Should You Have Business Insurance For Your Company?

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Should You Have Business Insurance For Your Company?

Having business insurance is a good idea for any business owner because it can help to cover the costs that can come from property damage or liability claims from lawsuits. Without it, you would have to pay all of these costs out-of-pocket, which could be disastrous for your business and personal finances. Some types of insurance are required by law in many states, and each policy is worth the peace of mind you'll get from knowing that you're protected.

What Are the Most Important Policies to Have for a Business Insurance?

There are four types of policies that are essential for a business. The first is general liability insurance. This insurance will pay for damages if you, your services, your products or your employees are ever found to have caused harm or property damage to any third party.
Type number two is property insurance. This is just the same as the insurance you have on your home, and it will protect everything from your building to your office computers if you experience vandalism, fires, storm damage or theft among other potential risks.
Type number three is worker's compensation. Every state requires this type of insurance if you provide your employees with W-2 forms. This protects you and your business from any legal damages if your employees are hurt on the job. It provides wage replacement and medical benefits to your employees while ensuring that they can't sue you if they are injured.
Type number four is commercial auto insurance, but this only applies if you have a company vehicle. Any vehicle that's specifically intended to carry employees, equipment or products counts as a company vehicle. This type of insurance will protect your vehicles if they get involved in some kind of accident or collision.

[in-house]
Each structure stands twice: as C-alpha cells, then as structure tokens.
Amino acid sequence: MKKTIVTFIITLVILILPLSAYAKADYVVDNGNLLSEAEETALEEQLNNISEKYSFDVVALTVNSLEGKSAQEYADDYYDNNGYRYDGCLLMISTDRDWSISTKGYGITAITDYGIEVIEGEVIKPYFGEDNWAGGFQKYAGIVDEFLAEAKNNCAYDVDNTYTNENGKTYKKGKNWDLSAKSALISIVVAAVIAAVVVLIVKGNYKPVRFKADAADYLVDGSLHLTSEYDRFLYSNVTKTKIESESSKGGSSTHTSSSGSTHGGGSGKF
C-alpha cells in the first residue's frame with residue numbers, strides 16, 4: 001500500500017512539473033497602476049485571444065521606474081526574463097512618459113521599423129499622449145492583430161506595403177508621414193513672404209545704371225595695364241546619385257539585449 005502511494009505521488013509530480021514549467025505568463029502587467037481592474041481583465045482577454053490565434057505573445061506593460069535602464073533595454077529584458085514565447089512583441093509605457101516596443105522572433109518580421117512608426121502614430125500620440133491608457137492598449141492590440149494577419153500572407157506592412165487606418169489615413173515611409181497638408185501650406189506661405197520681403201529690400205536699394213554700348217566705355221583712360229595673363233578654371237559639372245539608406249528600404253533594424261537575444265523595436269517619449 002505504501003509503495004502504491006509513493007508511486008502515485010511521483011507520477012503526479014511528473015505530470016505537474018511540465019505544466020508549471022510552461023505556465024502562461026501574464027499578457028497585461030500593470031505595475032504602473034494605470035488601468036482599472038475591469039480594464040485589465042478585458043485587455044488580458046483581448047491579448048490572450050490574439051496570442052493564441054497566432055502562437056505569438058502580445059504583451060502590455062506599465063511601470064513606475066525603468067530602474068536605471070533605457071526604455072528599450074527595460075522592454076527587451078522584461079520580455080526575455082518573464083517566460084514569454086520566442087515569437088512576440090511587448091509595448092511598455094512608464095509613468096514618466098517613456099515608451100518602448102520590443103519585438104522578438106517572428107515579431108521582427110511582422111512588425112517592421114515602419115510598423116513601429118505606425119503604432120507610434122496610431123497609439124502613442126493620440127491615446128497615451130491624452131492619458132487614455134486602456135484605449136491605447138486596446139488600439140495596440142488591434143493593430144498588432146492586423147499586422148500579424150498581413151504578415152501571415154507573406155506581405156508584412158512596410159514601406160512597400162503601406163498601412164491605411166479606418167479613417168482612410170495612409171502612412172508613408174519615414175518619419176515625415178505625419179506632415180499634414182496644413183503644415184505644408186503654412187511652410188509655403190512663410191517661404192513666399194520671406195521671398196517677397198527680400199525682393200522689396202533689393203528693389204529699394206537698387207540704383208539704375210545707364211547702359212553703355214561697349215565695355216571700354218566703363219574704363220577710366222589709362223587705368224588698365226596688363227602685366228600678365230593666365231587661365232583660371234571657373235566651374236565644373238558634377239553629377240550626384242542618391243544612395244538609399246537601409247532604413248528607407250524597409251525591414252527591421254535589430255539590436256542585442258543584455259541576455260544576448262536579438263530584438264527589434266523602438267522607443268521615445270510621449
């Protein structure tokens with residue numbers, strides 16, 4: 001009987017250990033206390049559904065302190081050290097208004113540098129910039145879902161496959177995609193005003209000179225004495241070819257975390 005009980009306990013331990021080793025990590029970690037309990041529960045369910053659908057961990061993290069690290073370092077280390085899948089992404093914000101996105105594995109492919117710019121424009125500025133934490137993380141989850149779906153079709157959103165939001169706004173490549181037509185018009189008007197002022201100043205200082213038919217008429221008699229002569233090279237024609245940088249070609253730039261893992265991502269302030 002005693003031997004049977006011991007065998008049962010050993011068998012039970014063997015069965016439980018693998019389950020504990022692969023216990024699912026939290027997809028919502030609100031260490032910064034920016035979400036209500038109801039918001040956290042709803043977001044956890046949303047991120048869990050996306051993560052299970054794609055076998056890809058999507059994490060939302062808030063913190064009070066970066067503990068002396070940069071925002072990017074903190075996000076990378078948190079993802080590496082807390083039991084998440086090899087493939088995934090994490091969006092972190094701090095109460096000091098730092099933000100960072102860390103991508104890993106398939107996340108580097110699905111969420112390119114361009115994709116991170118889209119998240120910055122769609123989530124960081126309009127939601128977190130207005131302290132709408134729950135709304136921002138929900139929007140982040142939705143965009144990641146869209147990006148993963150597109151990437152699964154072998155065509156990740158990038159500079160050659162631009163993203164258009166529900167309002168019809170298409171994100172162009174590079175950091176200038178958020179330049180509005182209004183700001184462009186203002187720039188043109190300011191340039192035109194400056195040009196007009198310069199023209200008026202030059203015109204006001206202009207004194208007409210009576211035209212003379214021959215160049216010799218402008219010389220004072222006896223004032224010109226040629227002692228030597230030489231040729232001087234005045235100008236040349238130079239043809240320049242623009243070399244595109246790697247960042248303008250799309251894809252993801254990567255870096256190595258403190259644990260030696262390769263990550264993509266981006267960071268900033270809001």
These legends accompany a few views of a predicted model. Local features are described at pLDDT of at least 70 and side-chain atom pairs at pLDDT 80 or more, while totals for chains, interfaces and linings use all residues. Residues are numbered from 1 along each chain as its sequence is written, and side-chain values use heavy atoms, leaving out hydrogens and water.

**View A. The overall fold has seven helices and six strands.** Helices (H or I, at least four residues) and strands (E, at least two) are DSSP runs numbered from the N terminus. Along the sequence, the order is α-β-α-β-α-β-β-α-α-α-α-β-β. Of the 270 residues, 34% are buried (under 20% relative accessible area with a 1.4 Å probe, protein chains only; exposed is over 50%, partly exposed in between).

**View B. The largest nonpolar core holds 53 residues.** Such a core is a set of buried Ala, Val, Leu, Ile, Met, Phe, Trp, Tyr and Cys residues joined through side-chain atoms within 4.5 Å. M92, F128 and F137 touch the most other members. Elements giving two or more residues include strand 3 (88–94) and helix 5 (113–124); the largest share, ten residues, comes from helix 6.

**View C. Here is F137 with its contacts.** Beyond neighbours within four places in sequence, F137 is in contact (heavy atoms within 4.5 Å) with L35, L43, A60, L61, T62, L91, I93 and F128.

It will pay for any repairs or replacements that may be required. If you don't have company vehicles and have employees drive their own cars, you should consider non-owned auto liability insurance for your business. This will protect your firm if the employee's auto insurance is inadequate or if they don't have insurance.

Are There Other Types of Business Insurance Available?

There are many other types of business insurance that a business owner should consider. The first is professional liability insurance or errors and omissions insurance. This provides protection and pays for damages if you're found to have improperly or insufficiently rendered your services. This applies to any service-based business from a law firm to a hair salon.
Another good option is business income insurance. If you've had a fire, for example, this policy will cover your lost income for the time that your business is closed while repairs are underway. It can keep you paying your bills and your employees until you're back up and running.
You can also consider the directors' and officers' insurance. If one of your company's officers ends up in a legal bind due to their actions, then this insurance can pay for any legal damages that might ensue. This type of policy is designed to protect your directors and officers if they're found to have directly affected your company's profitability.
Data breach insurance can help you if sensitive or private information is breached and leads to damages. These policies cover breaches from hacking into a computer or simple theft of paper files.
Commercial umbrella policies work in the exact same way as personal umbrella insurance. They're used to provide further coverage if your liabilities exceed the limits of your current policies.
Finally, there are business owners' policies. BOPs are bundles of several different policies that are meant to protect your business. They usually carry a mixture of at least three of four of the policies mentioned above, and they also tend to come with lower premiums since you're buying policies in bulk.

What Policies Are Right for My Business?

The policies that you'll need depend on the things that you think will need protection. Things you should consider include the type of work that you're doing, the actual physical premises of your business and the employees and customers you hope to have. If you're going into real estate, for example, then a good combination should be a BOP, professional liability coverage and employment practices liability insurance. The latter policy protects you in the event of an employee claiming wrongful termination.
If you're opening a shop, you should consider a BOP, professional liability coverage, data breach insurance, worker's compensation, and business income insurance. This way, your store will be protected from a natural disaster, possible lawsuits, and employee injuries among other things.
If you aren't sure what types of business insurance policies you'll need, then you should talk to a professional insurance agent to receive more information.